Lab Scopes Out Demand Response
demand response requires more than just subjecting customers
to the vagaries of wholesale power prices, says a new study
by researchers at Lawrence Berkeley National Laboratory in
researchers looked closed at Niagara Mohawk s use of real-time
pricing to shift and limit loads in response to hourly wholesale
market price changes. The program was moderately successful,
the LBL team concluded, but commercial and industrial customer
behavior is considerably more complex than many would have
assumed. The work was funded by the California Energy Commission,
which is looking into various models for demand response programs.
wisdom holds that industrial customers will be the most responsive
to price signals. But the LBL study of NiMo and the New York
Independent System Operator programs found that government
and educational customers were the most responsive to market
price signals. Commercial customers were least able to respond
to real-time prices. The researchers conclude, because commercial
customers (e.g., office buildings) have similar physical characteristics
and end-use load (e.g., space conditioning and lighting) to
government and education facilities, response from this sector
is at least technically feasible. If institutional and other
barriers can be overcome, the commercial sector may provide
a rich source of price response.
study, said CEC Commissioner Arthur Rosenfeld, provides useful
insights to California policymakers about the building blocks
for a successful program. These include transparent wholesale
market prices, a broad array of options for those customers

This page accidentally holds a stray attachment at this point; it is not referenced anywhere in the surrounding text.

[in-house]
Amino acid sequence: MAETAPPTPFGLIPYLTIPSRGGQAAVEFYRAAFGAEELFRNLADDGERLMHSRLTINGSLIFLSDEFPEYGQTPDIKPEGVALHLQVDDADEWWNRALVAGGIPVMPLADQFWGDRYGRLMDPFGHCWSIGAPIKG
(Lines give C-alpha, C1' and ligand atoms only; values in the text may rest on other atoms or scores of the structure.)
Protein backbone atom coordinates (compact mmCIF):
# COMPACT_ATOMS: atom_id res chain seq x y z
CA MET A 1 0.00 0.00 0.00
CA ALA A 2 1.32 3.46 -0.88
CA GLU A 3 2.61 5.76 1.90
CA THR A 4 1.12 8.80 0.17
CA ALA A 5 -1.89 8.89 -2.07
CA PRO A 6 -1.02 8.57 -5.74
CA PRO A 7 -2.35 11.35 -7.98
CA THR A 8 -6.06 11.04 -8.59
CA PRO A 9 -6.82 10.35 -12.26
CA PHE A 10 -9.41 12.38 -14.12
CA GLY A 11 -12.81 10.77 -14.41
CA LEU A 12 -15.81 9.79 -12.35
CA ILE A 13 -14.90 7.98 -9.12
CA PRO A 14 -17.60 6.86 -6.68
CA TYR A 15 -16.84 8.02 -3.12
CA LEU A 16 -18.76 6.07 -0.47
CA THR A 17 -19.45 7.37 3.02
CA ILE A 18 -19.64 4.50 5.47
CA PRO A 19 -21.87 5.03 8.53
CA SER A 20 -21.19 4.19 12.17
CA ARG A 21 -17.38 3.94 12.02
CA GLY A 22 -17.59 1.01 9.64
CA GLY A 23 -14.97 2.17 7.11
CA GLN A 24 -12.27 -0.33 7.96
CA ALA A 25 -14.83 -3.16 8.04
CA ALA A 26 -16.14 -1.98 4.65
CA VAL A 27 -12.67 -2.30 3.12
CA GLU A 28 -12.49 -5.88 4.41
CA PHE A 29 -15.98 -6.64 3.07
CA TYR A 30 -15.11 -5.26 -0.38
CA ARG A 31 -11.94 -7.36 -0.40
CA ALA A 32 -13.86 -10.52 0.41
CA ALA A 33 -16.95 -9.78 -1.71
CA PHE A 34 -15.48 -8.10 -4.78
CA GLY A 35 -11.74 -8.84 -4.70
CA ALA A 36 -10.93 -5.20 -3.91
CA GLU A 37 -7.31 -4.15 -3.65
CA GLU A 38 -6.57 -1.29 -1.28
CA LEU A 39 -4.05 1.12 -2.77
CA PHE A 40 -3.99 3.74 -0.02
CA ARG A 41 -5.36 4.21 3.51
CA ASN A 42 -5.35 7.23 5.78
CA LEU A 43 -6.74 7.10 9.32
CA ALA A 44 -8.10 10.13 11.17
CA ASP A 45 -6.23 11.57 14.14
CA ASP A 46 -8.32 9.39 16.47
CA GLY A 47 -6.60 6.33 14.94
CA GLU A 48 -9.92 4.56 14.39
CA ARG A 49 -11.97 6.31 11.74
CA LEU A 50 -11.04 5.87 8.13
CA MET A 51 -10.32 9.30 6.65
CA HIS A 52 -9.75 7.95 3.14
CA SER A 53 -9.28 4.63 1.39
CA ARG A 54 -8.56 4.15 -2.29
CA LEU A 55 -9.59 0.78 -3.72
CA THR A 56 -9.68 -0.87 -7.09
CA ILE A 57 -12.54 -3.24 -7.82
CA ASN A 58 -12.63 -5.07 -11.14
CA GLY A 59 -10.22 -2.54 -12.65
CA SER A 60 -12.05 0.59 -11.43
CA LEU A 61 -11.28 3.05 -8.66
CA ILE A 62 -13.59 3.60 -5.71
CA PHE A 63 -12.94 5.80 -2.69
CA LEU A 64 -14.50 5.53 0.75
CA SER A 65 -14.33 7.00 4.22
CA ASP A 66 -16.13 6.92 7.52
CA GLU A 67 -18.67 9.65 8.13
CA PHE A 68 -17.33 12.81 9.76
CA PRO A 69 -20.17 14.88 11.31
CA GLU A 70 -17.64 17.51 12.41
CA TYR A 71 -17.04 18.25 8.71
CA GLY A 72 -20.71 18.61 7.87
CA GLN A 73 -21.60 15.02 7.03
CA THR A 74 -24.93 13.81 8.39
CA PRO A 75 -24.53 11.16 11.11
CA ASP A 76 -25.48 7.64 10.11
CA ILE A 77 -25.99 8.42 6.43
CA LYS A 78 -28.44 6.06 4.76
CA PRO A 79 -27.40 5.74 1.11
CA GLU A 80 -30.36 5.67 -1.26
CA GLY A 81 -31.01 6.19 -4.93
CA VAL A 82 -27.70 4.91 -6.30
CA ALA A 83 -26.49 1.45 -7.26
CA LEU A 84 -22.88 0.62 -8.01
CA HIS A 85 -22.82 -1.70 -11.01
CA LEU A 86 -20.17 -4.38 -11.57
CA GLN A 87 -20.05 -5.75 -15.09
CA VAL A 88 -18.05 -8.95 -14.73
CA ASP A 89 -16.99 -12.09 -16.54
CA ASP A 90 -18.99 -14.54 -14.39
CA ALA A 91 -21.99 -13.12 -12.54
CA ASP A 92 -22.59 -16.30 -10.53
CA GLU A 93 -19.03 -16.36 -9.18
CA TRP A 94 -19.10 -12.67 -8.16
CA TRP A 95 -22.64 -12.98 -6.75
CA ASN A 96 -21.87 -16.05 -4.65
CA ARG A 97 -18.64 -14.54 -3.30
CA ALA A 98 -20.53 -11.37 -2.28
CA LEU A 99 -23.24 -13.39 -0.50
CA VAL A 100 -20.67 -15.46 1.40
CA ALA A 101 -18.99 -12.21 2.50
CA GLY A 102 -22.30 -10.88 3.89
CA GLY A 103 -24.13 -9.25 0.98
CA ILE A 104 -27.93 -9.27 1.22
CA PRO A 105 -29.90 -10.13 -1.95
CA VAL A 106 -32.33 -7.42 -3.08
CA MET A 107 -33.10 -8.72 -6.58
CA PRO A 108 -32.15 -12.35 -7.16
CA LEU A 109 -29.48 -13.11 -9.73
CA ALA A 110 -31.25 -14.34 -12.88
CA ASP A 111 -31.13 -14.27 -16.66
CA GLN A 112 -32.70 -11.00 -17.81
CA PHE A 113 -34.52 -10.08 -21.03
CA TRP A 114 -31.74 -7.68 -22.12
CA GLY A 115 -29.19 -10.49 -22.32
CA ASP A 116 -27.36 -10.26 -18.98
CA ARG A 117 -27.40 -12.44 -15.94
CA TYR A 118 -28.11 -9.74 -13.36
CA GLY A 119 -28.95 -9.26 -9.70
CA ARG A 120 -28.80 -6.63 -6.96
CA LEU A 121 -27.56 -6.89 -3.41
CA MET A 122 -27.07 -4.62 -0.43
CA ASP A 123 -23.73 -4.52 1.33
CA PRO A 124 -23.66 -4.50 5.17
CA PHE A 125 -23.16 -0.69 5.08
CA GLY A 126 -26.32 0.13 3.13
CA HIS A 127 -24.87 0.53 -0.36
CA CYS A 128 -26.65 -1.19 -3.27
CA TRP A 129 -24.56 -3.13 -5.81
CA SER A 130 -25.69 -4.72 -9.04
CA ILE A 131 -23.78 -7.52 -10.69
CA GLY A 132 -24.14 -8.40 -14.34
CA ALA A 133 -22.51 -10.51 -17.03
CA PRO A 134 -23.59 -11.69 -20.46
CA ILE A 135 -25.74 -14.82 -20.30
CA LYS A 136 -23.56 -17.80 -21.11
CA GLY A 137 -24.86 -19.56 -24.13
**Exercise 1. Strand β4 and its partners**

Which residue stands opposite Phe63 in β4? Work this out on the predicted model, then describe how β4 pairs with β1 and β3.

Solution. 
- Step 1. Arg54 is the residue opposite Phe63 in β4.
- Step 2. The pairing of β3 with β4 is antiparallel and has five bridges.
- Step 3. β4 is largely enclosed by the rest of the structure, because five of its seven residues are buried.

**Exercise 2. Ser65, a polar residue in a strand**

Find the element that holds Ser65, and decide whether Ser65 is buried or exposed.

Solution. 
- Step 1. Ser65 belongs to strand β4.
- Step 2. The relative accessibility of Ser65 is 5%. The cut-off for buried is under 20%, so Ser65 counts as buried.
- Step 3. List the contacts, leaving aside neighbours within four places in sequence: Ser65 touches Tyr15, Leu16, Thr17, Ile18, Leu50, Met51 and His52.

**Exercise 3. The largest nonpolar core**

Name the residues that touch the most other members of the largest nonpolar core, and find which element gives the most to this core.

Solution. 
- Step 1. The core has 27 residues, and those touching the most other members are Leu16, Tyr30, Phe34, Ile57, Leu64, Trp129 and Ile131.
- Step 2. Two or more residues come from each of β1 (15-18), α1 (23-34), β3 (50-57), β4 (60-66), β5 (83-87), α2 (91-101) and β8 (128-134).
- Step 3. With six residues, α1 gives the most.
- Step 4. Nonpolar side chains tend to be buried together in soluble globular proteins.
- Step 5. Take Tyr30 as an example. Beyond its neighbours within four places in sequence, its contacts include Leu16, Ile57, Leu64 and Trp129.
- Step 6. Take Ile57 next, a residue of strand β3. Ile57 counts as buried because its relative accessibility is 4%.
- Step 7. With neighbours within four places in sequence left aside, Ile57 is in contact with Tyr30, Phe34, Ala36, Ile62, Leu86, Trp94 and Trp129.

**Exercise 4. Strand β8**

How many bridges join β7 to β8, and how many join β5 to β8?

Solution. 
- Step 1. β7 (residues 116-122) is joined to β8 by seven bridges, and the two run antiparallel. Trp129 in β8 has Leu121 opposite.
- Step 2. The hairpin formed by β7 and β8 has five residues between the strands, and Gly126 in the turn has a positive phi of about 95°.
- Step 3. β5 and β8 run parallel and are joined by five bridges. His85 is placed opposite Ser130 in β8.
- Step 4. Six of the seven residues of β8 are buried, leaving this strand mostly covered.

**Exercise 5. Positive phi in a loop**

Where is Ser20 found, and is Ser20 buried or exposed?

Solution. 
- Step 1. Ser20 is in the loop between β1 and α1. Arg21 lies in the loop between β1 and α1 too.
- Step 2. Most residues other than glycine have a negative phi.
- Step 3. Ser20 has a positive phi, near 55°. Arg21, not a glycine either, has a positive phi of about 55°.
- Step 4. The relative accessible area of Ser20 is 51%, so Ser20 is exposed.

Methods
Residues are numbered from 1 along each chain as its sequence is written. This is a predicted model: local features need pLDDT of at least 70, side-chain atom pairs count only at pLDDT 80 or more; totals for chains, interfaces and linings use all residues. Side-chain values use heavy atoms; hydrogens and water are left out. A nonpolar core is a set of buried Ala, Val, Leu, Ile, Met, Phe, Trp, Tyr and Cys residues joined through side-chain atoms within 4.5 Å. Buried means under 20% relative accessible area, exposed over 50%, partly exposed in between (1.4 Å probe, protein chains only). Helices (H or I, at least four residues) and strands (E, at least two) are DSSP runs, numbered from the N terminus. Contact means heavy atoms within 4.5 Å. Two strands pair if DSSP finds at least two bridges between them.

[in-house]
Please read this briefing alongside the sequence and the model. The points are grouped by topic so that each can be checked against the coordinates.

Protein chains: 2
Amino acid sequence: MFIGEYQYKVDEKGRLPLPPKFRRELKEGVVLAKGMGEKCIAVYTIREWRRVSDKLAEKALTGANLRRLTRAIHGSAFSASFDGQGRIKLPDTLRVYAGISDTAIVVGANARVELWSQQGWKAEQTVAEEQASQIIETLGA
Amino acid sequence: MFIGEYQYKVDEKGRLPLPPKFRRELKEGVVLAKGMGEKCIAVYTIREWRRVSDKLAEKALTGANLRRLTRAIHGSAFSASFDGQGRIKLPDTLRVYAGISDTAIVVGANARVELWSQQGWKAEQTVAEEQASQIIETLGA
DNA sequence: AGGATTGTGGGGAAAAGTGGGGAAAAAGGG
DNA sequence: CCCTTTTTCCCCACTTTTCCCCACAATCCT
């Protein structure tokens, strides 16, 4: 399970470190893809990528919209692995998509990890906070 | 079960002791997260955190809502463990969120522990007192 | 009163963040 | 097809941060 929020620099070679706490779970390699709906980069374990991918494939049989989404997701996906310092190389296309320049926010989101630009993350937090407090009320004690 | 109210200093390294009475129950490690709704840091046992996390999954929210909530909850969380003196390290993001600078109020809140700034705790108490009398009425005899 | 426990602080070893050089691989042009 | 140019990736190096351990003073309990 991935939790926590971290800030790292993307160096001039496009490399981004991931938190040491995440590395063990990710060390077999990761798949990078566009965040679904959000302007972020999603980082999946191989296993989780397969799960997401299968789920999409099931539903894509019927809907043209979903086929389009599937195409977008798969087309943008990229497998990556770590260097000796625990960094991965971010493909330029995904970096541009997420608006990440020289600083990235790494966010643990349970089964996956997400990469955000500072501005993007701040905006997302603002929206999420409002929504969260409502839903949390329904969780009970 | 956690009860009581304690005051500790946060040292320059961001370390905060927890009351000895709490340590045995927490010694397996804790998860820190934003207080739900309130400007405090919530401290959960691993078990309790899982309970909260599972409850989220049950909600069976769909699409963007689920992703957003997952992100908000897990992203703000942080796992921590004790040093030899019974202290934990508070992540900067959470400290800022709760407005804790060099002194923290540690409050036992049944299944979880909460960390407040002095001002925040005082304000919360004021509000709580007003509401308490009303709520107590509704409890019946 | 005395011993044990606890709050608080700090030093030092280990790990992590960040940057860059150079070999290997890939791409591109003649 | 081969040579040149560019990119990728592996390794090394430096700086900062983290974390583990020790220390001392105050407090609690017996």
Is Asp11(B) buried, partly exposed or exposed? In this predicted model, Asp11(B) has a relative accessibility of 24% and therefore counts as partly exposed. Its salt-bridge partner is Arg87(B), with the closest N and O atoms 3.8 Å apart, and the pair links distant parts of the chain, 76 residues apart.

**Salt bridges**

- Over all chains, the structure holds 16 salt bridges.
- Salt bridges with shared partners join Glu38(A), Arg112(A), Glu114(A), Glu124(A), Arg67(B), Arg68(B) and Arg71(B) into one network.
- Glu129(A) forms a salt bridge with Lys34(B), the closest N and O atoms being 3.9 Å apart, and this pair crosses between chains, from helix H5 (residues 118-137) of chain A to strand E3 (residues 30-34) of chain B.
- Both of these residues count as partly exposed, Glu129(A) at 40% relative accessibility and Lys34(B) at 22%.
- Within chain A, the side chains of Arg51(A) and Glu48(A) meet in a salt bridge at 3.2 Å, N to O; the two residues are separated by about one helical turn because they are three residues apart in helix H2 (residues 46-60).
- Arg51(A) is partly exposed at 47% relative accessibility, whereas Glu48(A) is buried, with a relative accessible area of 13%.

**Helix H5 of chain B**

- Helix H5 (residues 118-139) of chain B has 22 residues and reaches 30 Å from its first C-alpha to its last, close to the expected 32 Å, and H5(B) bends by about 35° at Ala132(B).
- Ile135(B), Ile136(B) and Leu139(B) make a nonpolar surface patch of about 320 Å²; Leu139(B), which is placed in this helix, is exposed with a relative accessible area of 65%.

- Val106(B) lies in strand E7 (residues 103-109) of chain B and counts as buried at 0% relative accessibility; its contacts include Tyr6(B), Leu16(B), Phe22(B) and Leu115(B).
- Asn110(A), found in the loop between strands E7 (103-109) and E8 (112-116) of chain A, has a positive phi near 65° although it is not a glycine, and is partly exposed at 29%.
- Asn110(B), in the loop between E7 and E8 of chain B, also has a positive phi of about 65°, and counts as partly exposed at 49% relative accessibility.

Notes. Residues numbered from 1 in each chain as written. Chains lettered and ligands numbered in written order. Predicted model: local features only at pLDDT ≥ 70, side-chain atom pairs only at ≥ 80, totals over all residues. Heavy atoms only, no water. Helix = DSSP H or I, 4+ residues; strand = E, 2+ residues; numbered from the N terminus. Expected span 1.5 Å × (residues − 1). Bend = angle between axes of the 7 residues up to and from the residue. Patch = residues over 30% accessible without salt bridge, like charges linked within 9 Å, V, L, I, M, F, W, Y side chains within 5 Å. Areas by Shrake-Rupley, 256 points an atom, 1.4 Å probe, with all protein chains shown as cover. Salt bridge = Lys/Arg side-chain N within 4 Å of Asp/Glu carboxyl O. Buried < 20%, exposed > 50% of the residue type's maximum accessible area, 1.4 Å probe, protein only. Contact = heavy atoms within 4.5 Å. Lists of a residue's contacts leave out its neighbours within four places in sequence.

that want to hedge and mitigate price volatility, and technical
assistance and information tools that help customer manage
their facility loads in order to respond effectively to wholesale
market price signals.
fall of 1998, NiMo offered real-time pricing as part of its
default service to customers with demand in excess of 2 MW.
Under the program, NiMo charges customers the hourly day-ahead
location-based market price established by NYISO. NiMo posts
the following day's hourly prices by 4 p.m. so customers can
plan the next day's usage.
half of the 130 customers in the study were government and
education facilities, with industrial customers representing
another third, and commercial customers the rest. The customers
had an average monthly peak demand of 3.4 MW. During 1998-2003,
about 55 percent bought commodity power from competitive suppliers.
Peak prices were fairly volatile, increasing by 15-30 percent
in various regional zones.
said Charles Goldman, the report's lead author, customers
are satisfied with real-time pricing as the default tariff,
although some said that price hedging options are not attractively
priced relative to perceived risks. Some 35 percent of survey
participants were hedged, either through fixed-rate contracts
or financial hedging products. The rest were fully exposed
to varying prices in the wholesale market. Overall price response,
the study concluded, was modest but encouraging, and individual
customer responses was extremely variable.
Mohawk experience, the report concludes, shows that large customers
are likely to provide a moderate amount of demand response when
real-time pricing is their default service tariff, even if some
customers hedge against price volatility. However, subjecting
customers to wholesale market variability is not sufficient
to realize their full demand response potential.
at Berkeley Lab"